The efficient market hypothesis (EMH) cannot explain economic bubbles because, strictly speaking, the EMH would argue that economic bubbles don't really exist. The hypothesis's reliance on assumptions about information and pricing are fundamentally at odds with the mispricing that drives economic bubbles.
Economic bubbles occur when asset prices rise far above their true economic value and then fall rapidly. The EMH states that asset prices reflect true economic value because information is shared among market participants and rapidly incorporated into the stock price. Under the EMH, there are no other factors underlying price changes, such as irrationality or behavioral biases. In essence, then, the market price is an accurate reflection of value, and a bubble is simply a notable change in the fundamental expectations about an asset's returns.
For example, one of the pioneers of EMH, economist Eugene Fama, argued that the financial crisis, in which credit markets froze and asset prices dropped precipitously, was a result of the onset of a recession rather than the burst of a credit bubble. The change in asset prices reflected updated information about economic prospects.
Fama has said that for a bubble to exist, it would have to be predictable, which would mean that some market participants would have to see the mispricing ahead of time. He argues that there is no consistent way to predict bubbles. Because bubbles can only be identified in hindsight, they cannot be said to reflect anything more than rapid changes in expectations based on new market information.
Whether bubbles are predictable is subject to debate. Behavioral finance, a field that attempts to identify and examine financial decision making, has uncovered several biases in investment decision making, both on an individual and market level. Inattentiveness to certain kinds of information, confirmation bias and herding behavior are a few examples that might be related to economic bubbles. These biases have been shown to exist, but determining the incidence and level of a particular bias at a particular time is not so straightforward.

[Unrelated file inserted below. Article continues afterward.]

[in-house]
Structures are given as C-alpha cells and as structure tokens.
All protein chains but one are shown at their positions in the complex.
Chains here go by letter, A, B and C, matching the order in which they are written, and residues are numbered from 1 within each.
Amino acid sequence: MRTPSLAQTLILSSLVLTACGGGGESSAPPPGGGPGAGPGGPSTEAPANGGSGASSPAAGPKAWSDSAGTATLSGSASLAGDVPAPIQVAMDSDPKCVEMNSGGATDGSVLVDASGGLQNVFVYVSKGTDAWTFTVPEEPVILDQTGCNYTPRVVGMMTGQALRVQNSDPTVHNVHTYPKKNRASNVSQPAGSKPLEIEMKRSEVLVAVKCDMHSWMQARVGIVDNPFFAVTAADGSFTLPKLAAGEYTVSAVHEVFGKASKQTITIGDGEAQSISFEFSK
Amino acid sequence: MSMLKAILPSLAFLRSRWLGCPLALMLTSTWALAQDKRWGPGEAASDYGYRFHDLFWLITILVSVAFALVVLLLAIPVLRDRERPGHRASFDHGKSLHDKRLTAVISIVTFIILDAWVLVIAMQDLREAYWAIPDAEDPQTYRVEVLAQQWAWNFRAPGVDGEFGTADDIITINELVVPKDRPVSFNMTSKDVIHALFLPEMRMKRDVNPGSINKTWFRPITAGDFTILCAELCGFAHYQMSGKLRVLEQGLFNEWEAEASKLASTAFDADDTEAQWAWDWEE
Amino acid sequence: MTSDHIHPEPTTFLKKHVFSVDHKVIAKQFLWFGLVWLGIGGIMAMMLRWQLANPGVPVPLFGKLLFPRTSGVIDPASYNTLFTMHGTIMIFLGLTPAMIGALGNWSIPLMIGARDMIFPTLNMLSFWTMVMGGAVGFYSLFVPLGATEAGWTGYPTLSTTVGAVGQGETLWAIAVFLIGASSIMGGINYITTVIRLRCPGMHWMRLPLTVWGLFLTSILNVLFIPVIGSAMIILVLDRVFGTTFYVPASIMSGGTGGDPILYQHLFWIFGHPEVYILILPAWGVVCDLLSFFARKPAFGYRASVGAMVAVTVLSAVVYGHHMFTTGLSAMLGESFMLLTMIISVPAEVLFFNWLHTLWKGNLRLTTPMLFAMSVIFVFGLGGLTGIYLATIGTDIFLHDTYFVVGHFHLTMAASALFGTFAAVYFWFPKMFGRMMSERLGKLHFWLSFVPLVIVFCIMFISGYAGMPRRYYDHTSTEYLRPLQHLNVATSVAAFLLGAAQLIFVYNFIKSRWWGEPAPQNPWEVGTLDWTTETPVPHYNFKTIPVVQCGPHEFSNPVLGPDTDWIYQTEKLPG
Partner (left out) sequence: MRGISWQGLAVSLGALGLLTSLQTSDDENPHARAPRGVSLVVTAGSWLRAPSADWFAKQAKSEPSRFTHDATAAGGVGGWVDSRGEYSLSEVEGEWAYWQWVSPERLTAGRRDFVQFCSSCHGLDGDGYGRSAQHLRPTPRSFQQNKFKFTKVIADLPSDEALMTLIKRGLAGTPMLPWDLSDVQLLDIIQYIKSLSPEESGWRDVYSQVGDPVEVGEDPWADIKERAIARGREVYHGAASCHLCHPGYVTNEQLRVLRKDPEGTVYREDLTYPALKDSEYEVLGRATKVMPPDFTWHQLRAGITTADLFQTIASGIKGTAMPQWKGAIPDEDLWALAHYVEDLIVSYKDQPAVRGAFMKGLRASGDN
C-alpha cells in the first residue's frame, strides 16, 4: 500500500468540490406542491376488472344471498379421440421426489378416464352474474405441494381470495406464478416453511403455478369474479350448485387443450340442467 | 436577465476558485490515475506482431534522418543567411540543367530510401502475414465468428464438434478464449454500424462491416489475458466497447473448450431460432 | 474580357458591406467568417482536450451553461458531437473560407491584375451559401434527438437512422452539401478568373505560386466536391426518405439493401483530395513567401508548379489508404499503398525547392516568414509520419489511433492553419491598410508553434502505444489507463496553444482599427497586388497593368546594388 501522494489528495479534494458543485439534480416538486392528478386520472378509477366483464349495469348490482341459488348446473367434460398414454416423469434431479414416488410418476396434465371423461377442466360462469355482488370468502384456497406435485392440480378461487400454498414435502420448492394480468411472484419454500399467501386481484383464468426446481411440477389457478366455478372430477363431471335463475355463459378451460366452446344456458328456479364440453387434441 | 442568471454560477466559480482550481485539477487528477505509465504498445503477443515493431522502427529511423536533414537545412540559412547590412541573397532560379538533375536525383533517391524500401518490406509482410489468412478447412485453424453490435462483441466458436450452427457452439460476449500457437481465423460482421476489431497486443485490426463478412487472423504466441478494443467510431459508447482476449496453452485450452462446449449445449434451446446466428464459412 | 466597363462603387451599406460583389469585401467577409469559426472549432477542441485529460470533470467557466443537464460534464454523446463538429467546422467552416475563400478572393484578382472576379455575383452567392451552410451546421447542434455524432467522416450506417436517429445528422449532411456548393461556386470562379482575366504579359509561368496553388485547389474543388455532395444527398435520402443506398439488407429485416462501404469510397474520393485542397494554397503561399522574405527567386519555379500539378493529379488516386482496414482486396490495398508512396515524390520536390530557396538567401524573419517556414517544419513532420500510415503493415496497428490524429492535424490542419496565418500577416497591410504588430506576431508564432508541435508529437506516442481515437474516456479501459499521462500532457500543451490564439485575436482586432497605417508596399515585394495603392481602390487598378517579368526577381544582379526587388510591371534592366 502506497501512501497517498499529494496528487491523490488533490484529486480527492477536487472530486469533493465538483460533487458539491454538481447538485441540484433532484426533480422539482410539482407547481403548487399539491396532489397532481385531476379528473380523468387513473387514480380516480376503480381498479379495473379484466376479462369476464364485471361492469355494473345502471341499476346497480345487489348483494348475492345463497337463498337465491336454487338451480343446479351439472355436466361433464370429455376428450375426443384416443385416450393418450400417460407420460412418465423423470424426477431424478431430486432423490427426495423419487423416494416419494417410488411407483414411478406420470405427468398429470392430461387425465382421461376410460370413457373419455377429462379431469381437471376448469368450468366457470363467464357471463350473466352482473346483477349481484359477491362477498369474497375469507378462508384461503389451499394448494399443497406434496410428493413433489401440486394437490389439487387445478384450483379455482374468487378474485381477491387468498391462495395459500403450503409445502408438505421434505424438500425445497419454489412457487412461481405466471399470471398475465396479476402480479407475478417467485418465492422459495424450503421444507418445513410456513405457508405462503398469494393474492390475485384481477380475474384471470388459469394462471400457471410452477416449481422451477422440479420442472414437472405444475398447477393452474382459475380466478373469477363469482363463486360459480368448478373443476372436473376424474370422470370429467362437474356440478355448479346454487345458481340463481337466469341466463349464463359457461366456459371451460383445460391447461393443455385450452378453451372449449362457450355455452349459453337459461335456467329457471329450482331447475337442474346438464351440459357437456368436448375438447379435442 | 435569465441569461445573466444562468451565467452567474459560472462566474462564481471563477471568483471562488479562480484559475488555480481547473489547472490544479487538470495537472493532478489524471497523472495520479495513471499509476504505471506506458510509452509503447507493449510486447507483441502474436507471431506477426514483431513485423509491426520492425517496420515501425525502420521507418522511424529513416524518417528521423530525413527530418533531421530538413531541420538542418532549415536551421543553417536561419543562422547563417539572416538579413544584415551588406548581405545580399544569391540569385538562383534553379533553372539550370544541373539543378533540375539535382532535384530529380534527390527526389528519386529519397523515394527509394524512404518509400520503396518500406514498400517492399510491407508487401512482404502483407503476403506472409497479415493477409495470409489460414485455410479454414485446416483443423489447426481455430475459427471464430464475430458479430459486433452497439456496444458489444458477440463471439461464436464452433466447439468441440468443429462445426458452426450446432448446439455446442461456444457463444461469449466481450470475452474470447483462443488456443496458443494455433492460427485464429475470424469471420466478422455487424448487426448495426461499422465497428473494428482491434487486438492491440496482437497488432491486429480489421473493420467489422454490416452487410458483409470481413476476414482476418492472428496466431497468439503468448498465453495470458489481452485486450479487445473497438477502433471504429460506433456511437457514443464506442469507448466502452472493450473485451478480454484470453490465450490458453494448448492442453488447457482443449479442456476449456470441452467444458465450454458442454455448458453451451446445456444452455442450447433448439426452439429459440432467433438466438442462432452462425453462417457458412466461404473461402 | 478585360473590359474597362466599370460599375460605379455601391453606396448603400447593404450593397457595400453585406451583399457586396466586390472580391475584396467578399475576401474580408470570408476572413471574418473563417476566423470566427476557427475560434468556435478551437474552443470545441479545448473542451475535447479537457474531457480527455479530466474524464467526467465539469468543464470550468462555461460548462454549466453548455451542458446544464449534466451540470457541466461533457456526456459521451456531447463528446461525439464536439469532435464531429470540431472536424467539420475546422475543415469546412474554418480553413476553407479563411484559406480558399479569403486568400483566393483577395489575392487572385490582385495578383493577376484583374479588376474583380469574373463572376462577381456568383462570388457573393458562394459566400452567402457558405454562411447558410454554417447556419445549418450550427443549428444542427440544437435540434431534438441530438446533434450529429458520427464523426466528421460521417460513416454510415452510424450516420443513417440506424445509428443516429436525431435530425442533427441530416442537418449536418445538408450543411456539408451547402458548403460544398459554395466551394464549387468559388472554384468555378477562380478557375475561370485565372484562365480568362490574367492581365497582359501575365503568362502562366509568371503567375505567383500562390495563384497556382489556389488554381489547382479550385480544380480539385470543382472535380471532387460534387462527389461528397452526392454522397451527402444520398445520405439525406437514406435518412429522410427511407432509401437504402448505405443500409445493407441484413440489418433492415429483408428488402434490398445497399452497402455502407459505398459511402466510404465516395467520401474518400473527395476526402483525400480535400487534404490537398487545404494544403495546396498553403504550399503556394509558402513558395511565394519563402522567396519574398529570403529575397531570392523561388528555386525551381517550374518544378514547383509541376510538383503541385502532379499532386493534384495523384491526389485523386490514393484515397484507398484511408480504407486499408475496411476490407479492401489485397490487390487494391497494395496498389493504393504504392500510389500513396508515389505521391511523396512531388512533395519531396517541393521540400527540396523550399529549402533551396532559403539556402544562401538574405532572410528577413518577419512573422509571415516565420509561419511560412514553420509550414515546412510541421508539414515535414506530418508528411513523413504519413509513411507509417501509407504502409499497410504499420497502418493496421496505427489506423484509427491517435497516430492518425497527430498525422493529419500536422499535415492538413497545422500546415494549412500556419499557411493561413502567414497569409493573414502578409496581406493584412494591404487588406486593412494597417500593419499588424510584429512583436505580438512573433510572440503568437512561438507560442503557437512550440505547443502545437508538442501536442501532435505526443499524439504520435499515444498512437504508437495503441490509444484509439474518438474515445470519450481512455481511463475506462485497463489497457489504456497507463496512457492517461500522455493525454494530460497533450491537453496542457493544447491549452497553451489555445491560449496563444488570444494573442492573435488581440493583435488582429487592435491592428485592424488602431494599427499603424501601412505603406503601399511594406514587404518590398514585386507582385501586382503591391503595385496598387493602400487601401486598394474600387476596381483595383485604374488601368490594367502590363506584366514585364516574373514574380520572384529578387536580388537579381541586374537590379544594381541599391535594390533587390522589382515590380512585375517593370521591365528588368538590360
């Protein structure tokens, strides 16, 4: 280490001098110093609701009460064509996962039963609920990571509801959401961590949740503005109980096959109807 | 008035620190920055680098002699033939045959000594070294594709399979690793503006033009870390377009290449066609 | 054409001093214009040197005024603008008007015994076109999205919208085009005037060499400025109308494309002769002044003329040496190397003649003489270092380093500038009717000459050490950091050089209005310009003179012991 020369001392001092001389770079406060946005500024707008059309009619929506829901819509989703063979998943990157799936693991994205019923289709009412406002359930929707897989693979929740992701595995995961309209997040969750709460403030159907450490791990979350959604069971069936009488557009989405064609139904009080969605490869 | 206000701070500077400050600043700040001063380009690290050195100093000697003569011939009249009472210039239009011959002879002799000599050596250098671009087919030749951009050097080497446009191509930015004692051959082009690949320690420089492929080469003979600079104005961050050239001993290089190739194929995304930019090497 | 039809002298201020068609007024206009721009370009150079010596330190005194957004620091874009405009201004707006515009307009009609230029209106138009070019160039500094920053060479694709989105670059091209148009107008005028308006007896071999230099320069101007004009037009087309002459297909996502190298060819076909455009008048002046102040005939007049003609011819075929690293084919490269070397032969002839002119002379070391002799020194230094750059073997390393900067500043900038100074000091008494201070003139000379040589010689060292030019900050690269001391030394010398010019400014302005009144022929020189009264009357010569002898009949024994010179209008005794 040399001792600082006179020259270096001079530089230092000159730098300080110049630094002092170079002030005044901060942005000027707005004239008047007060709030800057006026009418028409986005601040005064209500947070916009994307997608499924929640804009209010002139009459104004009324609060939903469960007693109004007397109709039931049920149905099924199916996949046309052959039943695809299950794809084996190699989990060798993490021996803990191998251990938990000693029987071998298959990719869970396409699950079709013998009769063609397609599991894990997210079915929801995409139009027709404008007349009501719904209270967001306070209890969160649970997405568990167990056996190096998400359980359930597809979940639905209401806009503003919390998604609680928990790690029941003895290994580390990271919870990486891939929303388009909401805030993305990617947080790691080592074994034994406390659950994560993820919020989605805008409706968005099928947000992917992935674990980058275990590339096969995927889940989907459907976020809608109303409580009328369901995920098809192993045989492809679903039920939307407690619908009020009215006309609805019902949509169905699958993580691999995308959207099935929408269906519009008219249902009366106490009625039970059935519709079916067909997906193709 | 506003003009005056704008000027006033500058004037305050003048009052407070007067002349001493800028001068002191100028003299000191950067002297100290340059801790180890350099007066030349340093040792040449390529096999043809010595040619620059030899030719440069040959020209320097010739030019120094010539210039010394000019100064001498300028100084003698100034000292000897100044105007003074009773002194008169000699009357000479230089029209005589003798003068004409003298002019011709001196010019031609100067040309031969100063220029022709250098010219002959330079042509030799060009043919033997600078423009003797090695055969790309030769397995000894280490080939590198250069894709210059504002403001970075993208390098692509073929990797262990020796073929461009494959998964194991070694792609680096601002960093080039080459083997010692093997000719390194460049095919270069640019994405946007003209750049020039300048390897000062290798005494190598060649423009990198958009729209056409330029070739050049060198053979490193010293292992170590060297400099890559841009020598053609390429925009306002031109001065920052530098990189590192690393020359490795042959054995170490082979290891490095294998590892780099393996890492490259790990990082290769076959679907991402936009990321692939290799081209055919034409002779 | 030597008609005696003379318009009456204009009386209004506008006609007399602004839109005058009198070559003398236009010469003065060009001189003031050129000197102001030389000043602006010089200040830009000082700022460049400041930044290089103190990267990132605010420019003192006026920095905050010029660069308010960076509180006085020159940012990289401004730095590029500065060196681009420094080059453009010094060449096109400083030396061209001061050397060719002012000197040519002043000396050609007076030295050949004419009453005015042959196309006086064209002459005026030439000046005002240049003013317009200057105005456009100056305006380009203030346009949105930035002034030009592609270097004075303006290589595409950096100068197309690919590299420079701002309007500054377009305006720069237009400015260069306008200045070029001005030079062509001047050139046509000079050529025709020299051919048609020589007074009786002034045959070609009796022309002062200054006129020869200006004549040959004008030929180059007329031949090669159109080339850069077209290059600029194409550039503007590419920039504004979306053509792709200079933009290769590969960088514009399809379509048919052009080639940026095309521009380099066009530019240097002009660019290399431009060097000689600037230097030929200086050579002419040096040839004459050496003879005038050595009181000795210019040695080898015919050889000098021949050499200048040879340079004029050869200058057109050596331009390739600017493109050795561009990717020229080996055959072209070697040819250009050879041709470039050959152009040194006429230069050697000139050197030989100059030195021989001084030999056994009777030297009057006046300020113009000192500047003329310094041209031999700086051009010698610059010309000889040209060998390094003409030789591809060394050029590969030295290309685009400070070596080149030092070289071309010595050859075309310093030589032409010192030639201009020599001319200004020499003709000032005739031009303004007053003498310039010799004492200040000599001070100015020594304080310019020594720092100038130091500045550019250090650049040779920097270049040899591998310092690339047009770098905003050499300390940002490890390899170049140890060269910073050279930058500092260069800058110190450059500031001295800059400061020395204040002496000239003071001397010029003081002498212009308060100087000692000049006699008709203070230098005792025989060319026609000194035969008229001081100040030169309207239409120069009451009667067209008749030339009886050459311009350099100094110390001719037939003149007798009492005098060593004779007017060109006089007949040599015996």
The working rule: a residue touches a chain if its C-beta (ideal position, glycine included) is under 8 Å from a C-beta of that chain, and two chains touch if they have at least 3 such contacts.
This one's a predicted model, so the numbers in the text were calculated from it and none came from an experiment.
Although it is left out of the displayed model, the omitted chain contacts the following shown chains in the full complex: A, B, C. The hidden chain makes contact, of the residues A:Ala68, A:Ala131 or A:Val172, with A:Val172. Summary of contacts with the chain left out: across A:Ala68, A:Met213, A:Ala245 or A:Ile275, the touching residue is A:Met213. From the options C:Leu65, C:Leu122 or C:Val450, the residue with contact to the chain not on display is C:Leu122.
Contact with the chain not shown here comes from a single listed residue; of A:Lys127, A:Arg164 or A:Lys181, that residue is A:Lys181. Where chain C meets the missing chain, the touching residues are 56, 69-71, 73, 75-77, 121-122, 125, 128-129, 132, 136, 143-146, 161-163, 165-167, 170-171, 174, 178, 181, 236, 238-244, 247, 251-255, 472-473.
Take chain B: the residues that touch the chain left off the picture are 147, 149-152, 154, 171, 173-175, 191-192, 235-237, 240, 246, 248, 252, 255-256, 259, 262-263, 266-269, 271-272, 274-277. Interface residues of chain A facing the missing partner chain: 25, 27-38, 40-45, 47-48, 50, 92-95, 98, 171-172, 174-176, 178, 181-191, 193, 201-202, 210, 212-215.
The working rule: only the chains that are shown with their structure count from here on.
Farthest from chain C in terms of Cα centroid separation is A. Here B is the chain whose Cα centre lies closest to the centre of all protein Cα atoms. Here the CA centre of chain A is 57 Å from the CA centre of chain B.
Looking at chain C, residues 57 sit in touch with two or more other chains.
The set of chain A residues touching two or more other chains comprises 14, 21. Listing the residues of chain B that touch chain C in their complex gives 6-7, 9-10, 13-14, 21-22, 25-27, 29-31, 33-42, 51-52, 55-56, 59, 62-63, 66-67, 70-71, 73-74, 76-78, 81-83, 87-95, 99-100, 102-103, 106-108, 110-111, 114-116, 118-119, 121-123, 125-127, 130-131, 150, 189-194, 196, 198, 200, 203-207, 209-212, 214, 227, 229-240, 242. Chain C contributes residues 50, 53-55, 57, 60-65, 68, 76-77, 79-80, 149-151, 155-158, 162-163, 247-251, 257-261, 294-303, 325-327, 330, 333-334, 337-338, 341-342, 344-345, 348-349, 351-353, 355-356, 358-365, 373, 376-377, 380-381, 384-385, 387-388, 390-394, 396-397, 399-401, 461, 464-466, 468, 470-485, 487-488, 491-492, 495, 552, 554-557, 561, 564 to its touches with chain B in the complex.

Of course, it should be noted that the EMH doesn't demand that all market participants are right all the time. However, one of the theory's core tenets revolves around the idea of market efficiency. Given that market participants share the same information, the consensus price should accurately reflect an asset's fair value because those who are wrong transact with those who are right. Behavioral finance, on the other hand, argues that the consensus can be wrong.
The definition of a bubble is that the right price is fundamentally different from the market price, meaning that the consensus price is wrong. Whether it is predictable or not, some have argued that the financial crisis represented a serious blow to the EMH because of the depth and magnitude of the mispricings that preceded it. However, Fama would likely disagree.